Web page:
A lot or a little?
The parents' guide to what's in this movie.
What parents need to know
Parents need to know that Holiday is a classic 1938 Cary Grant/Katharine Hepburn movie about a young man on the verge of marrying into a wealthy family who, much to the chagrin of nearly everyone in the family, wants to escape the workaday grind and see what life and the world has to offer. There's lots of cigarette smoking -- this is, after all, a movie from the '30s -- as well as cigar smoking. One of the characters is always drunk -- he stumbles around, slurs his speech, and cracks '30s-style quips that make intoxication and alcoholism seem almost fun. There are also some dated sexist attitudes -- Grant's character remarks on Hepburn's character's accomplishments as impressive "for a girl." While undoubtedly a classic movie, the "snappy" 1930s dialogue and the grown-up concerns of paying the bills versus experiencing life outside of working make this best for older teens and adults capable of understanding the context of the times and the larger themes presented.
What's the story?
After a whirlwind romance at a ski resort, Johnny Case (Cary Grant) is on his way to meet his new fiancée, Julia Seton (Doris Nolan) in HOLIDAY. When he arrives, Johnny is overwhelmed to learn that Julia is the daughter of a wealthy and distinguished family. Julia's sister, Linda (Katharine Hepburn), and brother, Ned (Lew Ayres), promise to help him win over their father, who is likely to object to the engagement because Johnny isn't rich. Julia tells him, "There's nothing more exciting than making money." But Johnny, who has just taken the first vacation of his life, only wants to make enough so that he can take a "holiday" to "find out why I've been working." Linda thinks this is a great idea. She is something of an outsider in the family, forsaking the huge formal rooms of the mansion for one cozy place upstairs, which she calls "the only home I've got." She tries to persuade Julia and their father that Johnny is right. Even though he completes the deal that gives him enough for his holiday, Johnny gives in and promises Julia he'll go to work for her father for a while. As her father presents them with a honeymoon itinerary and explains he is arranging for a house and servants for them, Johnny balks. He knows that if he accepts all of this, he will never be able to walk away from it. Julia breaks the engagement, and Linda joins Johnny on his holiday.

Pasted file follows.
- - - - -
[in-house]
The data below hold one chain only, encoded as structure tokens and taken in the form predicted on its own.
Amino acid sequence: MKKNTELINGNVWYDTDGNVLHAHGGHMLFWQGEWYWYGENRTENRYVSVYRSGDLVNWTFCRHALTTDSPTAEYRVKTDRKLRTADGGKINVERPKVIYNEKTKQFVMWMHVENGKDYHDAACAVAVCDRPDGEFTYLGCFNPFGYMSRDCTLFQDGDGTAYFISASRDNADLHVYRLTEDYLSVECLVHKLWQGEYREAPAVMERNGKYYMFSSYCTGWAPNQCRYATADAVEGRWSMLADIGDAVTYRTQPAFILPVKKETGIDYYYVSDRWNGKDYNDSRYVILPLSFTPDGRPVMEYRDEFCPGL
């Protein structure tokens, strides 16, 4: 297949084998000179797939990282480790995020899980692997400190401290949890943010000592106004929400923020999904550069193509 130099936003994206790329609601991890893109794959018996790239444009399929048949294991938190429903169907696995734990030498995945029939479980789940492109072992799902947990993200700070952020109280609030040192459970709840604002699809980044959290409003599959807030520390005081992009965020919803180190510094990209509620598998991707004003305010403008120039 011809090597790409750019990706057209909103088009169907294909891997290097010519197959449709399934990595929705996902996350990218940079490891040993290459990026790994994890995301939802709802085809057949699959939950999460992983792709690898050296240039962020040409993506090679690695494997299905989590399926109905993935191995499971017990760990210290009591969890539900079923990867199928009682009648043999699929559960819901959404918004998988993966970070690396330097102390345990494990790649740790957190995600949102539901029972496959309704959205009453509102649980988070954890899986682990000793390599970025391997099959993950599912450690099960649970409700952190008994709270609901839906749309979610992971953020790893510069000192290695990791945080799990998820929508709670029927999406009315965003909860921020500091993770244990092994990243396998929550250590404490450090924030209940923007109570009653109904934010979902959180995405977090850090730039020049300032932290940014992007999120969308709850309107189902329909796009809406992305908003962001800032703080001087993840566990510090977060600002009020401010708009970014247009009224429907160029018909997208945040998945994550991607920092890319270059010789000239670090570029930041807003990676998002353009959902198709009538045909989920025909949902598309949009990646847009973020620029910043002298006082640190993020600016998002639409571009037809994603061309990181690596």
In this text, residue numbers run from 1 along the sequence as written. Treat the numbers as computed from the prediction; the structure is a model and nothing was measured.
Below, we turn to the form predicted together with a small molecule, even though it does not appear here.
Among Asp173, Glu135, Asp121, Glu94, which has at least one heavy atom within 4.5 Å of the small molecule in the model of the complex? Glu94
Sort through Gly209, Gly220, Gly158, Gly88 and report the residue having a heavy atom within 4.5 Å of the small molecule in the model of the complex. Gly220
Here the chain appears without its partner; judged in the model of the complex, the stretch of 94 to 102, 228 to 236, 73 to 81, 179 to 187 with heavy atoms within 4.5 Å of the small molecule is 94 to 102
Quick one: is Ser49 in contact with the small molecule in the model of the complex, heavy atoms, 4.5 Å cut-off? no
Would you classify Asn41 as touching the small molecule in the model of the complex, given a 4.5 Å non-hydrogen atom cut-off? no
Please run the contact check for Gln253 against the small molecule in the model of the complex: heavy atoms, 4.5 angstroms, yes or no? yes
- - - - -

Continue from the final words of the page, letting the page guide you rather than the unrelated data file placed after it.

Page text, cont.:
Is it any good?
This film may be a tough sell for modern kids, but older tweens and teens who give it a chance may find it enjoyable. Many kids will identify with the feeling of wanting to take a holiday, to step back from daily life and study the larger picture. The idea that other things are more important than making money and living according to traditional standards of success may also have some appeal. This is a good opportunity to talk with kids about what success really means and about finding the definition within yourself instead of putting too much weight on the definitions of others.
Holiday has two exceptionally appealing characters in Johnny's friends the Potters, played by Jean Dixon and Edward Everett Horton. Their kindness and wisdom contrasts with the superficial values of the Seton family. Cary Grant began in show business as an acrobat, and you can see him show off some of that prowess in this movie. The same stars, director, author, and scriptwriter worked on another classic, The Philadelphia Story.
Talk to your kids about ...
Families can talk about classic movies. What makes a movie a classic? Do you think Holiday qualifies?
If you were going to take a holiday, where would you go? What would you hope to find?
If you could remake this movie for modern times, whom would you cast and how would you update the story?
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